RIPLEY: For three Israeli men held hostage in Gaza, a sign of desperation to the end. A white sheet and a plea for help scrawled in Hebrew with leftover food. It reads, help, three hostages. A message either missed or ignored by Israeli soldiers, who shot them down from a distance, all three shirtless waving a white cloth.

The men hold up in a building and the embattled Shejaiya neighborhood of Gaza City. It's not clear if the hostages were abandoned or managed to escape before the fatal confrontation. The IDF admits the killings broke their rules of engagement, adding pressure on Israeli Prime Minister Benjamin Netanyahu to secure the release of around 129 remaining hostages. Amid growing international calls for a cease-fire, a truce Israel says would only strengthen Hamas.

As everyday people suffer on the streets of Gaza, social media images show crowds climbing on aid trucks, a sign of growing desperation, amid a mounting humanitarian crisis, as the number of dead in Gaza approaches a staggering new milestone of 20,000.


RIPLEY (on camera): That number just gives you chills and yet that is the reality in Gaza right now. And also the reality, these new serious questions, Erin, about how the IDF is operating on the ground.

The fact that these three Israeli hostages came out shirtless, waving a white cloth, two of them were shot instantly but yet the third who went back and caught again waving a white cloth and was shot and killed before the forces realize he was in fact is really, we wonder what is happening to the countless civilians who are dying in Gaza, some of them face to face with Israeli forces that are on the ground there, Erin.

BURNETT: Yes. All right. Thank you very much, Will Ripley, in Tel Aviv.

OUTFRONT now, Daphne Richemond-Barak. She's an expert on Hamas tunnels, and the author of "Underground Warfare", also assistant professor at Israel's Reichman University.

And I really appreciate you taking the time, Professor. So, when you look at the passageways of the tunnels, now we're looking at the much wider tunnels than we've seen before, you can see a lot of people walking through together as oppose to that very narrow pathway of the other images we have seen either from vehicles, the IDF said even wide enough for a railroad, electricity ventilation communication all of this.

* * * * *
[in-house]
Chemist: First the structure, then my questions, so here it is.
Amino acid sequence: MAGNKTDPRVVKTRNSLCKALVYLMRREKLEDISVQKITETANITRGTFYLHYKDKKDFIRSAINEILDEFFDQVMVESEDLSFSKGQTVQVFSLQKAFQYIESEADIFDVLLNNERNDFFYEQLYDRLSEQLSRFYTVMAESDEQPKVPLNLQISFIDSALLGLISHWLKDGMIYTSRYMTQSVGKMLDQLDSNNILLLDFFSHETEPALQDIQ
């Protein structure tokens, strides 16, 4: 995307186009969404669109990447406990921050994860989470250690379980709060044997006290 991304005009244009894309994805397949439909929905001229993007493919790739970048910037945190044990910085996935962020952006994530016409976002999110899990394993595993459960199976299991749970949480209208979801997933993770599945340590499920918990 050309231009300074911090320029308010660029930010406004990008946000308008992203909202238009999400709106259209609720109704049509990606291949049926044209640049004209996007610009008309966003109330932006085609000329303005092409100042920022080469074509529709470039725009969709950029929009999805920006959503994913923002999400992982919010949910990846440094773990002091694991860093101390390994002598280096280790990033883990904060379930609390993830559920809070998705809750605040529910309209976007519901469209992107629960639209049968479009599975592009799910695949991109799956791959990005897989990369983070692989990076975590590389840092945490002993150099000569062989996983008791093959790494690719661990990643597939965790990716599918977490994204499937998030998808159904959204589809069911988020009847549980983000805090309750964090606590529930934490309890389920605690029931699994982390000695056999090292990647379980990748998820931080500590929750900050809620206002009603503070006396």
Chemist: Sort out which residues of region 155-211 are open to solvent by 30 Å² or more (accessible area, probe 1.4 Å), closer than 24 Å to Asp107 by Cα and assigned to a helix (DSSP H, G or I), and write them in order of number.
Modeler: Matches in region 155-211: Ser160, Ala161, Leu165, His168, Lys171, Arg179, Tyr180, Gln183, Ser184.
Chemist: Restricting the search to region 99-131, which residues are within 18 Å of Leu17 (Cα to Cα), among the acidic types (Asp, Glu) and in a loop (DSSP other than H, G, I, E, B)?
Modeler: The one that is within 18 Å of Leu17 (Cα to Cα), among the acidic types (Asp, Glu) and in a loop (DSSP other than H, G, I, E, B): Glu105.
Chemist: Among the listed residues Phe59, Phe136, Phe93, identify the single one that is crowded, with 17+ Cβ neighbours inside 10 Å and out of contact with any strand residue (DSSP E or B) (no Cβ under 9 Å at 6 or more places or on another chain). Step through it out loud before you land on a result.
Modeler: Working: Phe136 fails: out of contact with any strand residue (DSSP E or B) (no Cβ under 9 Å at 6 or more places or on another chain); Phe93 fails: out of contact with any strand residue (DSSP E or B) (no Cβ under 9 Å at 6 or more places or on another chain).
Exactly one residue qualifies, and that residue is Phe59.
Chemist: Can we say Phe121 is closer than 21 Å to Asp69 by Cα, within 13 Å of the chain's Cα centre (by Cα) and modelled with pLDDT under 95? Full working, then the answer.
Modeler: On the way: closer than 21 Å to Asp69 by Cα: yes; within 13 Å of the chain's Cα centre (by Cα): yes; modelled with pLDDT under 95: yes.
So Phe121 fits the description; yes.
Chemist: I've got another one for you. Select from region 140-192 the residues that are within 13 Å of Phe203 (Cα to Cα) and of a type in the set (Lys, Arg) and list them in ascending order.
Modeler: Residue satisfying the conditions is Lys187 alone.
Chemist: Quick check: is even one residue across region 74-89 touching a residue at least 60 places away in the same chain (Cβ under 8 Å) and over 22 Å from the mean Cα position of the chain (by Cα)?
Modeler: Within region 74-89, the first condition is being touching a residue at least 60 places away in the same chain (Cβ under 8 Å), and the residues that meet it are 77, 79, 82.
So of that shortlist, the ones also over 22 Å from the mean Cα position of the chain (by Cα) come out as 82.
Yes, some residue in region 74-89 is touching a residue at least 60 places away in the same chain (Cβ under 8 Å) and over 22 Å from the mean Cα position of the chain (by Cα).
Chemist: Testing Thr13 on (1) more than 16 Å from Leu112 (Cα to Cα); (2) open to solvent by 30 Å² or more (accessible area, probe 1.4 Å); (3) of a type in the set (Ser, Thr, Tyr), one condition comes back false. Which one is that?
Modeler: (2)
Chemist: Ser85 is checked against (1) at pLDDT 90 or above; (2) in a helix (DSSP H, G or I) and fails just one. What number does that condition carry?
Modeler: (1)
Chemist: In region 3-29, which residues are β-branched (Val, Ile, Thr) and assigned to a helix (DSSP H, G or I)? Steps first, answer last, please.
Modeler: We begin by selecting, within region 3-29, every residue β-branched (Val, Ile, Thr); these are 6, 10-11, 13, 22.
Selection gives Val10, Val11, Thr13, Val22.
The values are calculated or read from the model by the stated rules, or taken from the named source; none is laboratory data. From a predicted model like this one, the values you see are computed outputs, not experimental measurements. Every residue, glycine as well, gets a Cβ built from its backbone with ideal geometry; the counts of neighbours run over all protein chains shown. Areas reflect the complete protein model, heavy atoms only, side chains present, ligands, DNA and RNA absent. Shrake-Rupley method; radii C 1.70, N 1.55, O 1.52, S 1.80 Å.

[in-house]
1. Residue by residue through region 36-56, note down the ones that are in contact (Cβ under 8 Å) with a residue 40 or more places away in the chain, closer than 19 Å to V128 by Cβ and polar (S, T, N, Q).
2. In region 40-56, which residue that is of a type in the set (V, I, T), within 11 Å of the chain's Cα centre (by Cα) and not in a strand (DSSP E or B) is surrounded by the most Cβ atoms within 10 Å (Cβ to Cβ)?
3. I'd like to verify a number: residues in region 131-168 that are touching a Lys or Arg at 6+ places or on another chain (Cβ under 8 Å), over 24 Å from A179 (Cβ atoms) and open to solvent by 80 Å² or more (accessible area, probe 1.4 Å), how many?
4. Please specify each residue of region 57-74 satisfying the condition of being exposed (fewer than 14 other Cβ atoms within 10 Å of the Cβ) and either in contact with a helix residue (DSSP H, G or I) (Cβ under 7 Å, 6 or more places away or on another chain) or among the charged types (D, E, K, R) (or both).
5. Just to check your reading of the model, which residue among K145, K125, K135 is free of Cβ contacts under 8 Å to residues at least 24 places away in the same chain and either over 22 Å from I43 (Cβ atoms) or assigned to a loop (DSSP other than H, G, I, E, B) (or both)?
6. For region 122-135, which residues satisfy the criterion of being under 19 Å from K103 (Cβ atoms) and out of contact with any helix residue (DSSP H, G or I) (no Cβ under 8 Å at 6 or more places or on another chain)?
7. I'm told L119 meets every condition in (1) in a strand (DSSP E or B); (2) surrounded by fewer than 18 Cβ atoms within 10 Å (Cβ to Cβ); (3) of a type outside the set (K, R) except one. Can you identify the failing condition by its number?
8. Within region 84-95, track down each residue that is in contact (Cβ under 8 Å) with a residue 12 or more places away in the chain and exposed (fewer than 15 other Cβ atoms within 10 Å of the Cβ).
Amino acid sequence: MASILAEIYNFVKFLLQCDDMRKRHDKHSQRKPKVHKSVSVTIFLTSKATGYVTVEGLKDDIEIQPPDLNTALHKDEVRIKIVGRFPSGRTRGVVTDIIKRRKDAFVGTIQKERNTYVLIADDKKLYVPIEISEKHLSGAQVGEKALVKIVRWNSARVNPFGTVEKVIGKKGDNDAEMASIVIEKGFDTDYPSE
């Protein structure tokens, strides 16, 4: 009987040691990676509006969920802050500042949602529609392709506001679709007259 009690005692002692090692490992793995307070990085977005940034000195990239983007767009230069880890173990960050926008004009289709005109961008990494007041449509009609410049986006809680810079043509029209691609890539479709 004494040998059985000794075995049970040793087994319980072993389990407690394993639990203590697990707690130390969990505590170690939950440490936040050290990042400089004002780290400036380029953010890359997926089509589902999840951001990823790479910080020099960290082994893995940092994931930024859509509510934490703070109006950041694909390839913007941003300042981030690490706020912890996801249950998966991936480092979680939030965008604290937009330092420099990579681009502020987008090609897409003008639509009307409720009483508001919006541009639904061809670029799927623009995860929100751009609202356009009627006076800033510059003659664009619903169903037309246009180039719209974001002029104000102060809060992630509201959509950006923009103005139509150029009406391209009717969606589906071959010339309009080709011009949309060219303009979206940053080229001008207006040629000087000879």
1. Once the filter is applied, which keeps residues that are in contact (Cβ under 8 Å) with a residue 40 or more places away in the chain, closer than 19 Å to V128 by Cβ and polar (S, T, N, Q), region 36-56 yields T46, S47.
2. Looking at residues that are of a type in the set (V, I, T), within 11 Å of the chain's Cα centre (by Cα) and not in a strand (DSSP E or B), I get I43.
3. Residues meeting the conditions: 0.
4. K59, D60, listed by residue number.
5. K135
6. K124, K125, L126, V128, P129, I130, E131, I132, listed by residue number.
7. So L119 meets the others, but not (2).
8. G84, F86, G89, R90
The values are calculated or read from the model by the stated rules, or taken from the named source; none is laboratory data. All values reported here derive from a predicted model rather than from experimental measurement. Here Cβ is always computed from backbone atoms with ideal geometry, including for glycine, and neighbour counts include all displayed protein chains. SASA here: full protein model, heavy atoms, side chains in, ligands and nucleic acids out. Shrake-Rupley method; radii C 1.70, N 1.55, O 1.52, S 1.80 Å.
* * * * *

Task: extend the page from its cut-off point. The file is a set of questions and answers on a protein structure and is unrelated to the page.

I mean, you spent a decade of your life studying tunnels like this, this entire system, what do you see here?

DAPHNE RICHEMOND-BARAK, TUNNEL WARFARE EXPERT: I see a tunnel that looks a whole lot like the tunnels that North Korea has dug into South Korea. This is what I see. I see something of a much higher level of sophistication which you described, much wider, more resistance stronger dug not just by hand, but actually with the use of some sophisticated civilian boring equipment.

So, we're talking about tunnel warfare on a different level, and I see also in addition to the inference of North Korea, kind of the large tunnels, enabling a massive invasion and infiltration into the country, also see the hand of Iran here, which, you know, is a country that has buried facilities.

So, it's very different from what Hamas has done with its underground tunnel network, but you can see that with Iran's help, Hamas has been able to dig deeper and better.